into cybersecurity and cyber warfare, the pentagon had declared cyberspace the environment of people and machines and the networks as a new domain of war and yet we realized that maybe 1 in one dows and people really understood what cyberspace was and the degree and depth of the vulnerabilities. so what we are trying to do it in the zero days a series is take pieces of it and explain the fundamentals and a platonic idea is everybody from my mom and dad to congress and people around the country can understand, and so maybe start the process of coming up with ways to defend cyberspace better. >> cyberspace vulnerabilities, tonight at 8:00 eastern on the communicators, on c-span2. >> we have a pretty simple proposition. you can either increase the kind of approach that congresswoman wilson has embraced. she signed a pledge to support the cut, cap, and balance program. that is a tea party approach to balancing the budget. it has no new revenues, even for the wealthiest americans. it is so draconian that it would require deep cuts in social security and medicare over time. or we can embrace a balanced
for my issues which are limited government and lower taxes and less regulatory environment. i think in colorado where you find is you move west across the united states. the republican voter is a closet-libertarian type loder where it is limited government. it is an old west at age, keep government out of our lives. you see democratic voters as evident by our governor who moved more toward the center. if they could have another moniker it would be the common sense party. limited government and less washington, d.c. involvement. >> the governor is a democrat. what is the makeup of the state legislature? guest: we have a slight majority in the statehouse so we control the state house. in the state senate you have a slim majority. our attorney general and secretary of state and state treasurer are three other statewide elected officials. the governor, democrat who is very popular is obviously a democrat. it is representative of the voting population which we are helter-skelter and we have democrats and republicans controlling all sorts of key offices. caller: i have two questions. gove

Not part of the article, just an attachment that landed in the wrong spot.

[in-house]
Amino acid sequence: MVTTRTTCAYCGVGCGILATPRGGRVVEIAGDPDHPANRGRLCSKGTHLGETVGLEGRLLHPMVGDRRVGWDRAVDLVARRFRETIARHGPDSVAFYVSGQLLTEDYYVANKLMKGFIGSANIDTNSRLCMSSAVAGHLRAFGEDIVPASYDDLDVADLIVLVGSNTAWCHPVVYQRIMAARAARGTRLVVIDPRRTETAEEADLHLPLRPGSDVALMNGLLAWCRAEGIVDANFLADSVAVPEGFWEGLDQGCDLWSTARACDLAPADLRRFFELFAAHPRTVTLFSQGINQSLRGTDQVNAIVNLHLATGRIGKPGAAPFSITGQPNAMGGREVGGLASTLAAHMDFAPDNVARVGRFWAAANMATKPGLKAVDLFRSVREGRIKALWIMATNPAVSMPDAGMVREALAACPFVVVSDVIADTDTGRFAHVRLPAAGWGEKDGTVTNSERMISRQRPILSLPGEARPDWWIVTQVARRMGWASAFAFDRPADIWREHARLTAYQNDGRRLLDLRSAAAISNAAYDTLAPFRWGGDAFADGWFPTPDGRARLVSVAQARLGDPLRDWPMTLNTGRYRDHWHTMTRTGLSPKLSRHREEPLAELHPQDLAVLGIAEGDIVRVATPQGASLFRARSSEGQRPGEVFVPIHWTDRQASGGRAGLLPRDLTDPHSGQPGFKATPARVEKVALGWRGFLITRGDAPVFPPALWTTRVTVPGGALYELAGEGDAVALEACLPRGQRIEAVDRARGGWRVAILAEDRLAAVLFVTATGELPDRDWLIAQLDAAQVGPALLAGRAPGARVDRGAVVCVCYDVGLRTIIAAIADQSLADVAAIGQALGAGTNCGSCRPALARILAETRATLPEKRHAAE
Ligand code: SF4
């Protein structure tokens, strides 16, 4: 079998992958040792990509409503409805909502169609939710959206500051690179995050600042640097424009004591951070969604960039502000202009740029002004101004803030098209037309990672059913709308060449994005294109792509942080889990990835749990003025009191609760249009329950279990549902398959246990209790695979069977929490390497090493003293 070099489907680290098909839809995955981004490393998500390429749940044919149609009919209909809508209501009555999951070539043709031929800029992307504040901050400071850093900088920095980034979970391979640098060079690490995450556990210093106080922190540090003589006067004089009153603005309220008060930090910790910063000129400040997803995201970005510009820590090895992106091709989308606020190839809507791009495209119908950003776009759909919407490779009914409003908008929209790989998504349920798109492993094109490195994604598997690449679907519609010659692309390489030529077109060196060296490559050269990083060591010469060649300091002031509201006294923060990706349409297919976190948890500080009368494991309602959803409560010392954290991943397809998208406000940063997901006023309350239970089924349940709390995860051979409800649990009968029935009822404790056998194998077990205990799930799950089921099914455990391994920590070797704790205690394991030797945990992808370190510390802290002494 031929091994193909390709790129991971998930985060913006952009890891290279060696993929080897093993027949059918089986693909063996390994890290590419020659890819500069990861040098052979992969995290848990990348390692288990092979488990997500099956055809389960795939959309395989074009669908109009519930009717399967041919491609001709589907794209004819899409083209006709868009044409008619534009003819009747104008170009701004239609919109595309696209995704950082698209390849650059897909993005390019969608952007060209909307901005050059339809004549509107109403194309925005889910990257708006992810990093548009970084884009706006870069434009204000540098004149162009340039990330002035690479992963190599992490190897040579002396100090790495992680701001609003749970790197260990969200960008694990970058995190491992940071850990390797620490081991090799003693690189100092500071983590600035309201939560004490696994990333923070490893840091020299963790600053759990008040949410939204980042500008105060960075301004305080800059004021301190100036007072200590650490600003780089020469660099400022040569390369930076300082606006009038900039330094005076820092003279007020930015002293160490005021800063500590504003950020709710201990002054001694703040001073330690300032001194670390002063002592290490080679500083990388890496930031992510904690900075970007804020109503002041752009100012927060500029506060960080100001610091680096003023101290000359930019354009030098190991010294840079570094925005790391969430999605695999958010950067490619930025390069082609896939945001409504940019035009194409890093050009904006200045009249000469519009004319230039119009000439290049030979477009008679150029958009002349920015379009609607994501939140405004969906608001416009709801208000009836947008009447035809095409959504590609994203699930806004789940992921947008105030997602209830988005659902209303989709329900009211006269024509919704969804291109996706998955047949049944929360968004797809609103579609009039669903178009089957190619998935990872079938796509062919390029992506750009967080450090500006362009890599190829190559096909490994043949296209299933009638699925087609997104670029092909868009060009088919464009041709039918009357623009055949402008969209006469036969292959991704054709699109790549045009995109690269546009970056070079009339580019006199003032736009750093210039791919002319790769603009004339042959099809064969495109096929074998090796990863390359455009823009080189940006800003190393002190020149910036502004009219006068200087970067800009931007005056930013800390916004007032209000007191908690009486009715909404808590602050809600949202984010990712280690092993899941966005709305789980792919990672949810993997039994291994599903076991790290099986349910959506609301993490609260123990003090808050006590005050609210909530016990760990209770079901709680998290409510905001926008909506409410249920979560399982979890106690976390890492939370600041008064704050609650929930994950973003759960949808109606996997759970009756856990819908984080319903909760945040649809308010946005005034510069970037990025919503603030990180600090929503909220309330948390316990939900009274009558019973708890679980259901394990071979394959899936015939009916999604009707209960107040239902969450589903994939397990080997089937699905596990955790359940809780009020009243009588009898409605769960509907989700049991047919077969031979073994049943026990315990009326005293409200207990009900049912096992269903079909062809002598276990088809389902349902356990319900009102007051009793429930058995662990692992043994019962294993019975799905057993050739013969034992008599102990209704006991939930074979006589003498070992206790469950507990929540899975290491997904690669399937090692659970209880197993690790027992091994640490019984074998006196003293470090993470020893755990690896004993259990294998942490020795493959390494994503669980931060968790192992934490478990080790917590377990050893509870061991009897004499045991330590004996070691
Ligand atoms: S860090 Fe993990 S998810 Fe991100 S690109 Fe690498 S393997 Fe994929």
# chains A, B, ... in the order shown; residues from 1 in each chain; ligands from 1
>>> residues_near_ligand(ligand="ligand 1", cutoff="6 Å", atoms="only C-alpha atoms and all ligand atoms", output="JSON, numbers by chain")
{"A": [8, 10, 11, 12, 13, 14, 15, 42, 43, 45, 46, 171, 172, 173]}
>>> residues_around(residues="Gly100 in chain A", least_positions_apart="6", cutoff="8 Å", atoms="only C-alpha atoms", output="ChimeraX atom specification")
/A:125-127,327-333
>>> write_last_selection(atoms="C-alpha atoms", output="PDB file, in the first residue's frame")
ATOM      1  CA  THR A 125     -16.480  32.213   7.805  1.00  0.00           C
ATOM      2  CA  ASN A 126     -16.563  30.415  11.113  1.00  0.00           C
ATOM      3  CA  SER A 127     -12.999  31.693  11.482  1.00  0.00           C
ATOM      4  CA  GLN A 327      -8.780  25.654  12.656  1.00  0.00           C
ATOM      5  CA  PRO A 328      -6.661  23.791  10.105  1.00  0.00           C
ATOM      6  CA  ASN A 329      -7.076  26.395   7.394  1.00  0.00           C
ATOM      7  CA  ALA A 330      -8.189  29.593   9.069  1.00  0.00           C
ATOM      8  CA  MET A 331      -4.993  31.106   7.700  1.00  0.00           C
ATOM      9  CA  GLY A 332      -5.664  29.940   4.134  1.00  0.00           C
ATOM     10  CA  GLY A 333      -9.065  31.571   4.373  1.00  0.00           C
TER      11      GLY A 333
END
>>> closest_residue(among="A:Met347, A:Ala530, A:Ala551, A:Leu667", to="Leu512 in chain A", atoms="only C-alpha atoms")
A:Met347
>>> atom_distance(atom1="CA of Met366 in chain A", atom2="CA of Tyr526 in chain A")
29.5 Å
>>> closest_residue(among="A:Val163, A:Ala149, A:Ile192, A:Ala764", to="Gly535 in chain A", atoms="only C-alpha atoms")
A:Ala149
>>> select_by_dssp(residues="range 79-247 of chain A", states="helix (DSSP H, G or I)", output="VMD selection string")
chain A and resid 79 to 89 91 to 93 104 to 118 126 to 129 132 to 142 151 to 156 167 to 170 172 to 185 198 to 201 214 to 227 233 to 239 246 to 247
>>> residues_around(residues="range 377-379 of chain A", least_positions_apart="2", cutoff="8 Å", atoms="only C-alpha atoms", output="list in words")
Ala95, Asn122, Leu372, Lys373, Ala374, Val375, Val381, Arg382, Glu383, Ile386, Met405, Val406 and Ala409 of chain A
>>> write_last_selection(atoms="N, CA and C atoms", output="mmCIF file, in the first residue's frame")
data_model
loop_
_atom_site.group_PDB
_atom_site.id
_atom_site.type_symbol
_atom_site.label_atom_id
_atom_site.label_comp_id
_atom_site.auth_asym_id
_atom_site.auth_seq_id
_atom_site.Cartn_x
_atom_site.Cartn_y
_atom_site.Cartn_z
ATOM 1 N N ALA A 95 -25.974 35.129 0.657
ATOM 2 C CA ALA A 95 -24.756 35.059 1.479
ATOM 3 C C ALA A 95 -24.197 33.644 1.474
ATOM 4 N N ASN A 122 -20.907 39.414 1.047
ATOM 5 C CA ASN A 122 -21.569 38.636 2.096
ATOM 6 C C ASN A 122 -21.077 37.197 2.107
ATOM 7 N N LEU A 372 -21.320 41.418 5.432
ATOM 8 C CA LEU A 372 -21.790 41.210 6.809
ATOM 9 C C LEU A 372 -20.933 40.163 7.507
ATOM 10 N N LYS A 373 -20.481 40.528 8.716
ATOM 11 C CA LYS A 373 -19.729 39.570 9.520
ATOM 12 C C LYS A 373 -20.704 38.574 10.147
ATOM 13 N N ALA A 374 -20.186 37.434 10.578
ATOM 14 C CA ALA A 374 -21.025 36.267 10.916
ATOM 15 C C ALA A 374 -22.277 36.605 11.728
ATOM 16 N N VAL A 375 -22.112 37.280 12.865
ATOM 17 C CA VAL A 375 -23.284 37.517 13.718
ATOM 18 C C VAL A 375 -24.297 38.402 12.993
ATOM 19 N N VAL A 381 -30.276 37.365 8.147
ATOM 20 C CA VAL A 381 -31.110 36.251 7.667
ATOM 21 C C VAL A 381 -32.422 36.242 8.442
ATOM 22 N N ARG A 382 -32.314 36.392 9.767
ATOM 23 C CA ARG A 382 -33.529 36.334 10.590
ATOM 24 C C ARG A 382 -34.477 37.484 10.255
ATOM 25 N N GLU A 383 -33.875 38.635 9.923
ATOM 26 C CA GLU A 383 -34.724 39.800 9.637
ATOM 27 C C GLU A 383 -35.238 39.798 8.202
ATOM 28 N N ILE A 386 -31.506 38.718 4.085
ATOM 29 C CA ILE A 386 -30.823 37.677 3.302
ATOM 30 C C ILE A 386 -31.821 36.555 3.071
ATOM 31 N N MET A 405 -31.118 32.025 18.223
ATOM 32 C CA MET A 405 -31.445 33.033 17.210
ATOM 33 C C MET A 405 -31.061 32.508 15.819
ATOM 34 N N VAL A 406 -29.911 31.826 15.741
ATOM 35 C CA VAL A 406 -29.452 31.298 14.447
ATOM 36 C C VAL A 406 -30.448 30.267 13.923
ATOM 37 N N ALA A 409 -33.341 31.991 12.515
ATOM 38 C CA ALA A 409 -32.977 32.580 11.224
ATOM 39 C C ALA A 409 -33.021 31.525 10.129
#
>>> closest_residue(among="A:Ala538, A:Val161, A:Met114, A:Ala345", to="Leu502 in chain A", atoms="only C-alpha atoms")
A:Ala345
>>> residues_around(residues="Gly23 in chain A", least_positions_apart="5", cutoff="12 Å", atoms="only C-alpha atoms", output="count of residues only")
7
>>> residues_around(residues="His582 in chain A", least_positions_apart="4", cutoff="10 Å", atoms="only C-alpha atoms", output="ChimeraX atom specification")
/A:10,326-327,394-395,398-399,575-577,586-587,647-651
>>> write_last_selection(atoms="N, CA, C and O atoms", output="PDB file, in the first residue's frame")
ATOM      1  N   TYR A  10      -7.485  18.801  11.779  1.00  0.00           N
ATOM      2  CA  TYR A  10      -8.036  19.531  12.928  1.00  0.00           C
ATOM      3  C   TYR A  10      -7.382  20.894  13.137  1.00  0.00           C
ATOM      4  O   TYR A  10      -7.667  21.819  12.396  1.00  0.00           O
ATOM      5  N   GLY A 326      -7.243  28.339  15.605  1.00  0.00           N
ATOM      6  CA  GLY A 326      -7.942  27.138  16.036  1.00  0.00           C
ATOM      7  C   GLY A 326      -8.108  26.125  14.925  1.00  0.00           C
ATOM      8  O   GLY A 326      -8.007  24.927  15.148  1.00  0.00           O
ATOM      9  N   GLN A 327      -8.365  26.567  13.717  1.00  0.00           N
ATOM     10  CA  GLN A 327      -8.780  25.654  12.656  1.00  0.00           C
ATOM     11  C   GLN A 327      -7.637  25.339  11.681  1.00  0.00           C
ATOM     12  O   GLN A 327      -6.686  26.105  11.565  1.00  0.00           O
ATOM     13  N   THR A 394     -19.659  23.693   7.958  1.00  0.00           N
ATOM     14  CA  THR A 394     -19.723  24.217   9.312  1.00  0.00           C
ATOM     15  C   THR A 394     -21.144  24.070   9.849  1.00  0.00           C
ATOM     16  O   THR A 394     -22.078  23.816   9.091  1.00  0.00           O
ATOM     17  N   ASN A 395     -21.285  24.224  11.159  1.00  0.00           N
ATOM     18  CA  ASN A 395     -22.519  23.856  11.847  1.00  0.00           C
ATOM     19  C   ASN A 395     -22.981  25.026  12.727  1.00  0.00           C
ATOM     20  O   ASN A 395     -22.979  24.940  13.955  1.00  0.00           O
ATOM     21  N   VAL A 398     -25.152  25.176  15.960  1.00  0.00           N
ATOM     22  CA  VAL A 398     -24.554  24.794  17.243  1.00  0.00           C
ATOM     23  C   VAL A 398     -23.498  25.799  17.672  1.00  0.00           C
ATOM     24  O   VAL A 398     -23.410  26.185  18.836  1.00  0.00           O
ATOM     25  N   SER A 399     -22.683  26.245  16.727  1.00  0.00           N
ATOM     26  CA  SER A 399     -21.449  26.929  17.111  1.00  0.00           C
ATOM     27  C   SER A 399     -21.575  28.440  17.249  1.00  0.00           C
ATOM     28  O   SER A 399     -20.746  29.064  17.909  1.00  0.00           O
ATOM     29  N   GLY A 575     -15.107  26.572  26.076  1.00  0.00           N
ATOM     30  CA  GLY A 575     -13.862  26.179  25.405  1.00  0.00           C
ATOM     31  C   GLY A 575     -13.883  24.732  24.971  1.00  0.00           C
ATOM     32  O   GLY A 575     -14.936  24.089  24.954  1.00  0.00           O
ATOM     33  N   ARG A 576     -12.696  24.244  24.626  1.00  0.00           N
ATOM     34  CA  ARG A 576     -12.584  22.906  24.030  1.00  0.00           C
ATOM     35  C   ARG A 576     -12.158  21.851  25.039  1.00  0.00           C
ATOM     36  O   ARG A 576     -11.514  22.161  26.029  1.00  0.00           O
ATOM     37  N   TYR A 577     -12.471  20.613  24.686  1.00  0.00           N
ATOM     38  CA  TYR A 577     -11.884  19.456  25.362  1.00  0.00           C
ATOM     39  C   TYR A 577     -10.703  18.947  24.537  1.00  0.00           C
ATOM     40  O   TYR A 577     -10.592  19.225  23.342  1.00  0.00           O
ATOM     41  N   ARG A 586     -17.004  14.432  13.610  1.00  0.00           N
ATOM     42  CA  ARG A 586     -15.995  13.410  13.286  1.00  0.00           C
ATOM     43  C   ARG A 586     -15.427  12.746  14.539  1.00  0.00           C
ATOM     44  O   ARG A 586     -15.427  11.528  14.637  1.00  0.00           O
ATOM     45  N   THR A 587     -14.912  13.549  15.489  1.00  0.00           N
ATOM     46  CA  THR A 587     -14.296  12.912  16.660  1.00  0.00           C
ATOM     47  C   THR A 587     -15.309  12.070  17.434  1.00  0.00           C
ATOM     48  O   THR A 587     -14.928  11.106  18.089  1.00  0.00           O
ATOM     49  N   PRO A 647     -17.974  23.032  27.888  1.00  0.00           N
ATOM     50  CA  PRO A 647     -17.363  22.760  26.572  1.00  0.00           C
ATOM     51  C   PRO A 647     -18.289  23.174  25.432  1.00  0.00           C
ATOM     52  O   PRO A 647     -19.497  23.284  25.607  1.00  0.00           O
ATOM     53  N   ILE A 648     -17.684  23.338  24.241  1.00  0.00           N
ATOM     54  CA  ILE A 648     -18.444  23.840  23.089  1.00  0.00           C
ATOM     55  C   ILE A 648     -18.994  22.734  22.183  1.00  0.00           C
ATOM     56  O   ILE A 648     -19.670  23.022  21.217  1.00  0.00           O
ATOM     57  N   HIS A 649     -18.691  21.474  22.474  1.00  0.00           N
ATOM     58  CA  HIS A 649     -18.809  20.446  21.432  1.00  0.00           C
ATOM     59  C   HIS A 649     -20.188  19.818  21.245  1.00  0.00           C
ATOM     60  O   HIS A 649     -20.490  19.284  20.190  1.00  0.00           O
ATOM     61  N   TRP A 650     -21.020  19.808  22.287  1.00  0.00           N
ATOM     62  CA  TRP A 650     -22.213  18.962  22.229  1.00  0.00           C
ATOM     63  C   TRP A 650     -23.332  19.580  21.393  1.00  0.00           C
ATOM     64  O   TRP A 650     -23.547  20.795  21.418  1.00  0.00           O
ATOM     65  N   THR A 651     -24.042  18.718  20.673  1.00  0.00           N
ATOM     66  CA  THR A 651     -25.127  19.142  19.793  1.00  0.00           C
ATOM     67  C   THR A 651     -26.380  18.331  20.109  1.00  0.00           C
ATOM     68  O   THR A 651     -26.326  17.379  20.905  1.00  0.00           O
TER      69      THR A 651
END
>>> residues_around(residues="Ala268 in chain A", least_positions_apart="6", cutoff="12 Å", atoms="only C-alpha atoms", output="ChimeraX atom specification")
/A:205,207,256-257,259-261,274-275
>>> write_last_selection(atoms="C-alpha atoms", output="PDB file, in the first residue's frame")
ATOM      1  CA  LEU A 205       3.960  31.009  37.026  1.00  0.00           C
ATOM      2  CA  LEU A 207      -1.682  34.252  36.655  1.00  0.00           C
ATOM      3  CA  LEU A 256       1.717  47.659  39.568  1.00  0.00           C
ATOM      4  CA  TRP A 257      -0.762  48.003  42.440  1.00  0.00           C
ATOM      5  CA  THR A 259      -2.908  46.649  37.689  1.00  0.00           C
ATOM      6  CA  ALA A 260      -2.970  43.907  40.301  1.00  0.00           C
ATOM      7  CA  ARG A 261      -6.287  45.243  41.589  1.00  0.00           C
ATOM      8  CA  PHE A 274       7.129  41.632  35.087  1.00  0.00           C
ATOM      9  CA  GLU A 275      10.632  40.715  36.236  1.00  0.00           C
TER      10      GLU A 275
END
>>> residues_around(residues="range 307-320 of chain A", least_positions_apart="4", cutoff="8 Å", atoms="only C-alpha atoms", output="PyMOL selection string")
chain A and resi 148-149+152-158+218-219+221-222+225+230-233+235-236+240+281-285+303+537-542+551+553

in creating the overall environment, the actual act is pretty quickly attributed directly on the insurgents. >> general -- >> thank you. just a final remark by me on this issue. protecting the civilian population is an absolute principle of this operation. without that protection this operation, in my view, would not be viable. and i think that is the view of all my counterparts and afghans as well. >> [inaudible] >> general and dame mary, the north atlantic council decides the rules of engagement. does the north atlantic council direct that in those rules of engagement if there was a possibility of a civilian casualty, that engagement should not take place, or is it a judgment call given down to the respective commander at the level that it's required to be made? in other words, if there's a possibility of a is civilian being hurt -- of a civilian being hurt by, say, a drone strike, it doesn't go ahead, or is it a judgment call made at another level? >> no. >> we are not allowed to give details on rules of engagement. >> indeed, i won't. but what i can say, the political guidance always gi